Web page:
He’s one of the top brilliant left footers that the Stade Louis-II was fortunate enough to host. Winner of the Coupe de la Ligue in 2003 and a great player in the exceptional Champions League run during the 2003-2004 season, Jérôme Rothen left many memories in the Principality. In just two and a half seasons, he managed to forge a special relationship with the supporters of the Rouge et Blanc, who enjoy seeing him on occasion when he returns to the walls of Fontvieille in his new role. Today a TV consultant on RMC Sport and at the head of his own radio program, “Rothen Régale”, the former AS Monaco left midfielder took the time to open up before what some call the “Rothenico.” A beautifully flowing interview, frankly.
Hello Jerome. First of all, what does this rather special match between your two former clubs mean to you?
It brings back a lot of memories above all. Because I spent nine years of my career between these two clubs (two and a half years at Monaco, six and a half at PSG, note). So that’s a big part of my footballing life. I have incredible memories, especially at AS Monaco. I would say this is my adopted club, because it’s the one that introduced me to amazing things. In particular, I was called up to the French team thanks to this club. I played in the European Cup and won titles here too, so just for that it holds a huge place in my heart. And then PSG is something else again, because it is the club “where I was born”, not far from the Parc des Princes by the way. It was a childhood dream to play there. So this match is something that some have called the “Rothenico” (laughs). Every year, I watch this fixture, whether it’s in Monaco or at the Parc. Besides, to be really honest, when I watch this game, I find it hard to decide between myself.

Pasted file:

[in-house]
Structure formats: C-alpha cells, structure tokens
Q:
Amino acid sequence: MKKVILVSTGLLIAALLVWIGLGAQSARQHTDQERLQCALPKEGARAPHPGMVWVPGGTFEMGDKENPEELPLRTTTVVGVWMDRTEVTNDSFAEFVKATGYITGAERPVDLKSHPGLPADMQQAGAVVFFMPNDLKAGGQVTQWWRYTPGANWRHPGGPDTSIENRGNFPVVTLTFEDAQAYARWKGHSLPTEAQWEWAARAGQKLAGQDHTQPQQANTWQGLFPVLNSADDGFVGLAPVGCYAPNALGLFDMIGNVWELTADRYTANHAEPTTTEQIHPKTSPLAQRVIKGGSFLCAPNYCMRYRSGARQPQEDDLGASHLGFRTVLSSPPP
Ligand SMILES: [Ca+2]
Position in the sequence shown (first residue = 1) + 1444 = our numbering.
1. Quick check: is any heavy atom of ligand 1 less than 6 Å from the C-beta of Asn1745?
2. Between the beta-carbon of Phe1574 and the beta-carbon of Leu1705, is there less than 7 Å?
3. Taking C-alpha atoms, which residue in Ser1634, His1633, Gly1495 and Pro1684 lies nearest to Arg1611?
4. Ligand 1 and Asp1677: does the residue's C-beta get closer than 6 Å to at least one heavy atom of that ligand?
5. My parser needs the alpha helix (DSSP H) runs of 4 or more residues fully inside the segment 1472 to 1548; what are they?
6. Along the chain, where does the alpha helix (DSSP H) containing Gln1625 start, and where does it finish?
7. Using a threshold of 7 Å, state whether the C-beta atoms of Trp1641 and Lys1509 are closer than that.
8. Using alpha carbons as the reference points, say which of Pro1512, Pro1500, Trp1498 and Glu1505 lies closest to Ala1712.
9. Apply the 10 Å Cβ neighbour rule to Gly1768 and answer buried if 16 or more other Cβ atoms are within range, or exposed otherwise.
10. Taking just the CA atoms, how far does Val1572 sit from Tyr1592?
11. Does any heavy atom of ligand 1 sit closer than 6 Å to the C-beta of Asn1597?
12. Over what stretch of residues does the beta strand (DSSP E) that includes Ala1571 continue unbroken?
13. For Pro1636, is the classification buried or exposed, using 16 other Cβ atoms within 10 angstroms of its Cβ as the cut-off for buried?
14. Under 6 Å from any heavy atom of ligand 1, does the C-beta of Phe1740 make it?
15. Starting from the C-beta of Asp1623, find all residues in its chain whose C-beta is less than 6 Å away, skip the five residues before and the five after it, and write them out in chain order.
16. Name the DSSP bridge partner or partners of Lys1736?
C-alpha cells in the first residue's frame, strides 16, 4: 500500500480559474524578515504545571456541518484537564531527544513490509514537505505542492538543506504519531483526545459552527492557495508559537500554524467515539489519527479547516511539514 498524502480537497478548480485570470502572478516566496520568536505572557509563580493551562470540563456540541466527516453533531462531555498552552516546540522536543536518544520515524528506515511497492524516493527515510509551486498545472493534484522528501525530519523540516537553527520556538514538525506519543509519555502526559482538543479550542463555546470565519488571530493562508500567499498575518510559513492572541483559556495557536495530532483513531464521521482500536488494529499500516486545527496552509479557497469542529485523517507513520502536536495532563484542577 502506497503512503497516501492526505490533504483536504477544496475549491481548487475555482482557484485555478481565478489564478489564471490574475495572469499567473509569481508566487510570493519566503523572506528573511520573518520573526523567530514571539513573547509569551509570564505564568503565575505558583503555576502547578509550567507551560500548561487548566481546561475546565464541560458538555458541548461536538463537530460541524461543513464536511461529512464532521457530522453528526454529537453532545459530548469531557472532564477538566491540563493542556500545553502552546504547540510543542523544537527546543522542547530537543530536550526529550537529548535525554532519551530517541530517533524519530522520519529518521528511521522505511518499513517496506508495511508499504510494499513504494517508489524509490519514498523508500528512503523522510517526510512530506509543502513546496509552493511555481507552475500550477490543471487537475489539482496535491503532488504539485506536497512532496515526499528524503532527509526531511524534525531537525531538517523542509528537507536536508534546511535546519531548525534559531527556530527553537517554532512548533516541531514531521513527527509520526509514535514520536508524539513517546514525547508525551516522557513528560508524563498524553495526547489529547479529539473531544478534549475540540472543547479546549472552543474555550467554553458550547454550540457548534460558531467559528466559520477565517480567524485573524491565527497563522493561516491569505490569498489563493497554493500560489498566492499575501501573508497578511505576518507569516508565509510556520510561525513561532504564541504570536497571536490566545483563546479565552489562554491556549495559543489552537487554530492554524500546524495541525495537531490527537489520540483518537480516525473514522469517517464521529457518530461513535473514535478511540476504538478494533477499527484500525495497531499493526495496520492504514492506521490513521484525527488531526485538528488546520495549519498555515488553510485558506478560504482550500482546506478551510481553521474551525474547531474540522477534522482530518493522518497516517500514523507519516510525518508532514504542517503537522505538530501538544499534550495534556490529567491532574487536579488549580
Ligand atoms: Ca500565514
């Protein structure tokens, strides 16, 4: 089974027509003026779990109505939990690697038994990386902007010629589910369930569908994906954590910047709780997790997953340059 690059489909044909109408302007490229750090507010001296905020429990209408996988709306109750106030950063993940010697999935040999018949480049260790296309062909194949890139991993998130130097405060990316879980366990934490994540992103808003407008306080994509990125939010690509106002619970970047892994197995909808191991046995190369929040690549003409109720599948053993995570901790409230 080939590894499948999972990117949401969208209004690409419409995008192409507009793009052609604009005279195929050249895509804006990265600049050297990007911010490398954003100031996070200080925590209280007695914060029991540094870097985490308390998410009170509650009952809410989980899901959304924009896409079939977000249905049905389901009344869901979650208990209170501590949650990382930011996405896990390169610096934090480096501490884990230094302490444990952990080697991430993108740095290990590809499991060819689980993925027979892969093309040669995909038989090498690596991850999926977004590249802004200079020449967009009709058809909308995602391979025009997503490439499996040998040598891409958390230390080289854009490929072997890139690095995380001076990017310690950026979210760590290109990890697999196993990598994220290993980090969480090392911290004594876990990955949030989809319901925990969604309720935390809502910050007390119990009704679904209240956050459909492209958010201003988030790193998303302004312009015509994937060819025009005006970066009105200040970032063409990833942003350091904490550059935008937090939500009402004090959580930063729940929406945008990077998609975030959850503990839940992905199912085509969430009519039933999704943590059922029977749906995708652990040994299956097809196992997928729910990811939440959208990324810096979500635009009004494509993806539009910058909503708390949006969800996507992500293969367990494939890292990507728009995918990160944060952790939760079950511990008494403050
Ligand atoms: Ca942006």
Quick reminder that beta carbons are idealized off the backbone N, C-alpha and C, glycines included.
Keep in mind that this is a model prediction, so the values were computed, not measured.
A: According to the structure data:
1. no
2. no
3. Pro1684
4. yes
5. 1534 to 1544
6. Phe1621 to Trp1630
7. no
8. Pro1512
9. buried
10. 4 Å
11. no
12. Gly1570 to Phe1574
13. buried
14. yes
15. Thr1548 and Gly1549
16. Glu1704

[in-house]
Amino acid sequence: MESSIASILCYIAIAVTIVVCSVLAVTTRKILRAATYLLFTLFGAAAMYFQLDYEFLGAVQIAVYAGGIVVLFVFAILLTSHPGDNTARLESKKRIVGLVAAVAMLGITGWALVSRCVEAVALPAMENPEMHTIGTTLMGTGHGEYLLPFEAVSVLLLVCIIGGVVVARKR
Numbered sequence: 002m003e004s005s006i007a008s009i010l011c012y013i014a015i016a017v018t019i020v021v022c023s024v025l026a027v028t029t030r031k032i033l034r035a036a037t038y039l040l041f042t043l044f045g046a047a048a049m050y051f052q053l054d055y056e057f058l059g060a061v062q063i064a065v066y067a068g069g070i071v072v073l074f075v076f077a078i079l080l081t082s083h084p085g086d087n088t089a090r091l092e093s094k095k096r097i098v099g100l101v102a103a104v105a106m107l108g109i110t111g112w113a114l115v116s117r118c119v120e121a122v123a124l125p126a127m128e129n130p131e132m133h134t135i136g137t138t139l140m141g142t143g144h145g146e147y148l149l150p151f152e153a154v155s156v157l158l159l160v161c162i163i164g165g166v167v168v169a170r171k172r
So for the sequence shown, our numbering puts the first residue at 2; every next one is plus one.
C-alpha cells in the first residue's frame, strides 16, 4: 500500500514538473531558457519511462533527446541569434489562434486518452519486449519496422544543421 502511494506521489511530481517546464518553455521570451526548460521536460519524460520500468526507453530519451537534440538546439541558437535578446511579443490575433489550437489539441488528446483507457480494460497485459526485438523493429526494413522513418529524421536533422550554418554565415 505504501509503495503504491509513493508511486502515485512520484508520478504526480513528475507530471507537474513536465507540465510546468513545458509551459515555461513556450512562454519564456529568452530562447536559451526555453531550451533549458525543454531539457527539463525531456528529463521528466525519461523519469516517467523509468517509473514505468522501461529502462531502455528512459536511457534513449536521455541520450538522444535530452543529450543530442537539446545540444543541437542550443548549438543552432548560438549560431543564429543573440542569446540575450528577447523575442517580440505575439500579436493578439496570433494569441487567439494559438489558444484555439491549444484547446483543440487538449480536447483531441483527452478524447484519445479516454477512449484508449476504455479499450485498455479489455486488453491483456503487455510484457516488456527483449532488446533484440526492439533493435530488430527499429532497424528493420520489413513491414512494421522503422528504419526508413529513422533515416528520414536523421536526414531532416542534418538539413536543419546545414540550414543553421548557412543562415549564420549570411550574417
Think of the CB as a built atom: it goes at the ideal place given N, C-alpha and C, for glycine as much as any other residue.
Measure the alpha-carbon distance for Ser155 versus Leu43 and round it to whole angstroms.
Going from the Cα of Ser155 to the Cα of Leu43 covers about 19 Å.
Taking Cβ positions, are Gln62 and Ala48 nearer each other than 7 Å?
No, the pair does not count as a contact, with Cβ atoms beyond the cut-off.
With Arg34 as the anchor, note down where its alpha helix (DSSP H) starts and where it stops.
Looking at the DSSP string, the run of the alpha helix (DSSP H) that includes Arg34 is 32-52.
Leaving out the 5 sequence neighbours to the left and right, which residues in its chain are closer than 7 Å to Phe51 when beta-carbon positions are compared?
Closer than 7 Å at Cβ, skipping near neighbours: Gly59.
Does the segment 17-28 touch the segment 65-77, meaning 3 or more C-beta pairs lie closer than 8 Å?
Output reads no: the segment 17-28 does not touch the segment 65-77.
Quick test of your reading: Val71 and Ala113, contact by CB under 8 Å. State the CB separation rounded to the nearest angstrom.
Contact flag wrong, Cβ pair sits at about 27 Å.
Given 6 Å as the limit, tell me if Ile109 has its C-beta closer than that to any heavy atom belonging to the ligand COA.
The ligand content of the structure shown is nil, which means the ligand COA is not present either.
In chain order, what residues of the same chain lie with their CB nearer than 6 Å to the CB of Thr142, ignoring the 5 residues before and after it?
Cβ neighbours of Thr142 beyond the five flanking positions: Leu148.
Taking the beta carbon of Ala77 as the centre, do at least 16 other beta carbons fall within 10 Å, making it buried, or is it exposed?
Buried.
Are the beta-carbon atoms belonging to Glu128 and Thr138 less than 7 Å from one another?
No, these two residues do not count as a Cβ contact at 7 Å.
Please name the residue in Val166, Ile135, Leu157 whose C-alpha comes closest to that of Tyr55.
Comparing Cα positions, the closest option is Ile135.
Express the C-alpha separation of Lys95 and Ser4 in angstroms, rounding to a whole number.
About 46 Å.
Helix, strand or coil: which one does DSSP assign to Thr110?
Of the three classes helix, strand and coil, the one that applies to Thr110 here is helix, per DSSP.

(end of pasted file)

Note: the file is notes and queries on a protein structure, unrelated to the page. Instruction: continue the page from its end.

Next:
It’s difficult to make a choice for you?
Yes, because you know perfectly well the attachment I have for Paris Saint-Germain, it’s no secret. But what I experienced in Monaco, I think will be something I keep all my life. I have so much respect for this club, that I can be of two minds. And then there is also the fact that PSG has dominated the other teams in the league for many years now, that it has won almost all the titles, so there is also the desire to see the challenger bring down the leader in a way.
🔙 5 mai 2004 :
— AS Monaco 🇲🇨 (@AS_Monaco) May 5, 2017
Especially since in just two and a half years you had some incredible experiences with AS Monaco…